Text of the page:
xxxNews Of The Weirdxxx
Bizarre but true stories about real people collected by syndicated columnist Chuck Shepherd.
In October, the Minneapolis Star Tribune reported on the heated clash in the Twin Cities suburb of Eden Prairie over how much money to spend on a new historic preservation program, which the Star Tribune noted was ironic because the town was nothing more than farms until the 1950s. Said a city council member, “I think an argument can be made that the word ‘historic’ is being loosely used.”
An August Boston Globe story deglamourized Plymouth Rock, supposedly where the first pilgrims stepped in 1620 as they disembarked near what is now Plymouth, Mass. It’s just a large rock, kept in an open pen (and was named by TV’s Learning Channel as one of America’s 10 lamest landmarks).
In October, North Korea’s official news agency reported that Japan had broken a promise to return five people to North Korea. The five are Japanese citizens who were kidnapped by North Korea in 1978 but released to see their families in October 2002. North Korea’s position is that they were released only temporarily and must be returned to North Korea.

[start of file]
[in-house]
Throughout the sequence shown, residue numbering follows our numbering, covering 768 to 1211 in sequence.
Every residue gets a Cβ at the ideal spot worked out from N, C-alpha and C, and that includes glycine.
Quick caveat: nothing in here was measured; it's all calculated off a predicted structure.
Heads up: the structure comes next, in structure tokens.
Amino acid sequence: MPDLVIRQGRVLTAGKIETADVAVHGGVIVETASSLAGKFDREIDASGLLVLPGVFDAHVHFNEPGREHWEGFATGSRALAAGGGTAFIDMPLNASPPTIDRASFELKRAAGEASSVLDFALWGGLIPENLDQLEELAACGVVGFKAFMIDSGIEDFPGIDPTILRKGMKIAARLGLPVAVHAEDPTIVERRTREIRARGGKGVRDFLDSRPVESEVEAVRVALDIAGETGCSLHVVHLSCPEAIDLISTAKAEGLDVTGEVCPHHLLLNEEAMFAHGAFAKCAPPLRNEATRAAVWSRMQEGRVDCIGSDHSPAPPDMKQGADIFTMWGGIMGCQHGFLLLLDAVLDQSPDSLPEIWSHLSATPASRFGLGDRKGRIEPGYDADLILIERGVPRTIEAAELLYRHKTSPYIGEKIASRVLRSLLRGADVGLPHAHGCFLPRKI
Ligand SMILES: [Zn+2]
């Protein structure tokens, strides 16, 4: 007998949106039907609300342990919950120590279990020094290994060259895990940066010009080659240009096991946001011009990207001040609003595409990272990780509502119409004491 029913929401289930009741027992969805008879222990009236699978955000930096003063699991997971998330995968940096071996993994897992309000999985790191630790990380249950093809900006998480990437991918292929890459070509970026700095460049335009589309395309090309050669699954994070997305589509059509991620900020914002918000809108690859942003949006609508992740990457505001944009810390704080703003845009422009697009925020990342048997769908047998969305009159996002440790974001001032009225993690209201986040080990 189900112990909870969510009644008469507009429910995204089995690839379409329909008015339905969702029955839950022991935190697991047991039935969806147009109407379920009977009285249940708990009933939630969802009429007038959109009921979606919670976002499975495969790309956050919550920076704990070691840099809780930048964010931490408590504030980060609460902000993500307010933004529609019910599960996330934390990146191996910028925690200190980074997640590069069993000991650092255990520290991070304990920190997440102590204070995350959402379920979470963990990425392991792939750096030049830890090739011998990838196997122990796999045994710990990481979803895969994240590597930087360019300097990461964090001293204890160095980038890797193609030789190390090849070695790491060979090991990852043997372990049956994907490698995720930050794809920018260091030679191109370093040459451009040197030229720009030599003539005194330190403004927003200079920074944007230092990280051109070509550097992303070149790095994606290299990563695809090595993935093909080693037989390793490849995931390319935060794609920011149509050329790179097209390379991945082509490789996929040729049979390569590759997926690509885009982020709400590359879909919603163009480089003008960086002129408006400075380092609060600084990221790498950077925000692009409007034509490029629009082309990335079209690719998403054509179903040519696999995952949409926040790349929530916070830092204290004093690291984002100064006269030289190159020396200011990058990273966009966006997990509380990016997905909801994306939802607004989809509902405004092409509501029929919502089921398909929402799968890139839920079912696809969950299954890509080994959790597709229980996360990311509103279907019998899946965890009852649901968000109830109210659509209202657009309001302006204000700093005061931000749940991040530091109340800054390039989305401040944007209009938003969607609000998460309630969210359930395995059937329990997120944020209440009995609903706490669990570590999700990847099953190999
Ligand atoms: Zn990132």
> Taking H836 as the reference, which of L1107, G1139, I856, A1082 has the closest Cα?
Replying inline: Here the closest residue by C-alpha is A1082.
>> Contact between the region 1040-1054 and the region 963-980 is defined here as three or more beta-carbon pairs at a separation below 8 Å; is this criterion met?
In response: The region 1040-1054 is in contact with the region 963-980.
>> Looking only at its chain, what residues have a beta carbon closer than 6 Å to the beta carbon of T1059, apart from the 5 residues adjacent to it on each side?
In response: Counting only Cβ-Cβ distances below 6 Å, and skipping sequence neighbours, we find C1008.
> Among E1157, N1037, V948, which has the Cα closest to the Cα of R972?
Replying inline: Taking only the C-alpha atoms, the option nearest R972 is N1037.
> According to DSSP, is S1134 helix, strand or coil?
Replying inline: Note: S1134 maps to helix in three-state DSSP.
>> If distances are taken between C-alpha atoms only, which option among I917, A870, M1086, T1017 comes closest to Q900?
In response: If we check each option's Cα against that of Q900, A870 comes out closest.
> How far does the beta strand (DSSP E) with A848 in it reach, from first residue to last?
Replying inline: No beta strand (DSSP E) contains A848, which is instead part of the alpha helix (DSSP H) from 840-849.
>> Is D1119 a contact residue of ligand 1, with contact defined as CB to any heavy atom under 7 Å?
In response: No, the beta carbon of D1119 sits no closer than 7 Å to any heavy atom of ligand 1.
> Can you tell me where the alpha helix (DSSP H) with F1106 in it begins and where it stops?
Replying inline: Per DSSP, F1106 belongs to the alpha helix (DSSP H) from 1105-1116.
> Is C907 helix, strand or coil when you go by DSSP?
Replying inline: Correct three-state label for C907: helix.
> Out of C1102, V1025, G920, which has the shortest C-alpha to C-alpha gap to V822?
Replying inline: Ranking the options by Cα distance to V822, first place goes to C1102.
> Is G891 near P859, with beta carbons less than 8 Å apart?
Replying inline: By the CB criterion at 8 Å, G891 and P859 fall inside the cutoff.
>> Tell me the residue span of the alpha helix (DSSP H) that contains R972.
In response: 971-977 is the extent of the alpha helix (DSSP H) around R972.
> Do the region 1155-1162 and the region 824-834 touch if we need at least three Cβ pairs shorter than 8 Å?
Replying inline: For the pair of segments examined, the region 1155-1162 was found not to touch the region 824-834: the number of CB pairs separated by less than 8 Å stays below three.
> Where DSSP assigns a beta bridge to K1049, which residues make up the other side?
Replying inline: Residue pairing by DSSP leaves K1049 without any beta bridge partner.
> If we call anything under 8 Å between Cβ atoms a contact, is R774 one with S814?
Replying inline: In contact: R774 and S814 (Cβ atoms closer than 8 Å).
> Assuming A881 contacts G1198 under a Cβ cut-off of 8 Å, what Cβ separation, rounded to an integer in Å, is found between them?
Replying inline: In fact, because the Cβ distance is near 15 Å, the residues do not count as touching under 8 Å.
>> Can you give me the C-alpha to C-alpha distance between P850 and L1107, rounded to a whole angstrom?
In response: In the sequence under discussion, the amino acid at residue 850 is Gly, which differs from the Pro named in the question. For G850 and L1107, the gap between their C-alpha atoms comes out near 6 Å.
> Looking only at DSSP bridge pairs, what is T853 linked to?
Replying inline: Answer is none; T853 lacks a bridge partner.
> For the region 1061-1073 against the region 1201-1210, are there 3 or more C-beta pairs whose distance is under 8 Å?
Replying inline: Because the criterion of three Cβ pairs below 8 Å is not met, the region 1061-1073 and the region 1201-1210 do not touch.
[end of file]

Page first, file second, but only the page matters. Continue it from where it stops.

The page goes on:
In November, the town of Bolinas, Calif., voted 314-152 to adopt the following ballot measure (the official wording): “Vote for Bolinas to be a socially acknowledged nature-loving town because to like to drink the water out of the lakes to like to eat the blueberries to like the bears is not hatred to hotels and motor boats. Dakar. Temporary and way to save life, skunks and foxes (airplanes to go over the ocean) and to make it beautiful.” A San Francisco Chronicle reporter attributed the town’s support for it to the fact that its sponsor, artist Jane “Dakar” Blethen, is a beloved, though eccentric, local character.
Send your Weird News to Chuck Shepherd, P.O. Box 18737, Tampa, Fla. 33679 or [email protected]
Copyright © 2001 by Chuck Shepherd
NEWS OF THE WEIRD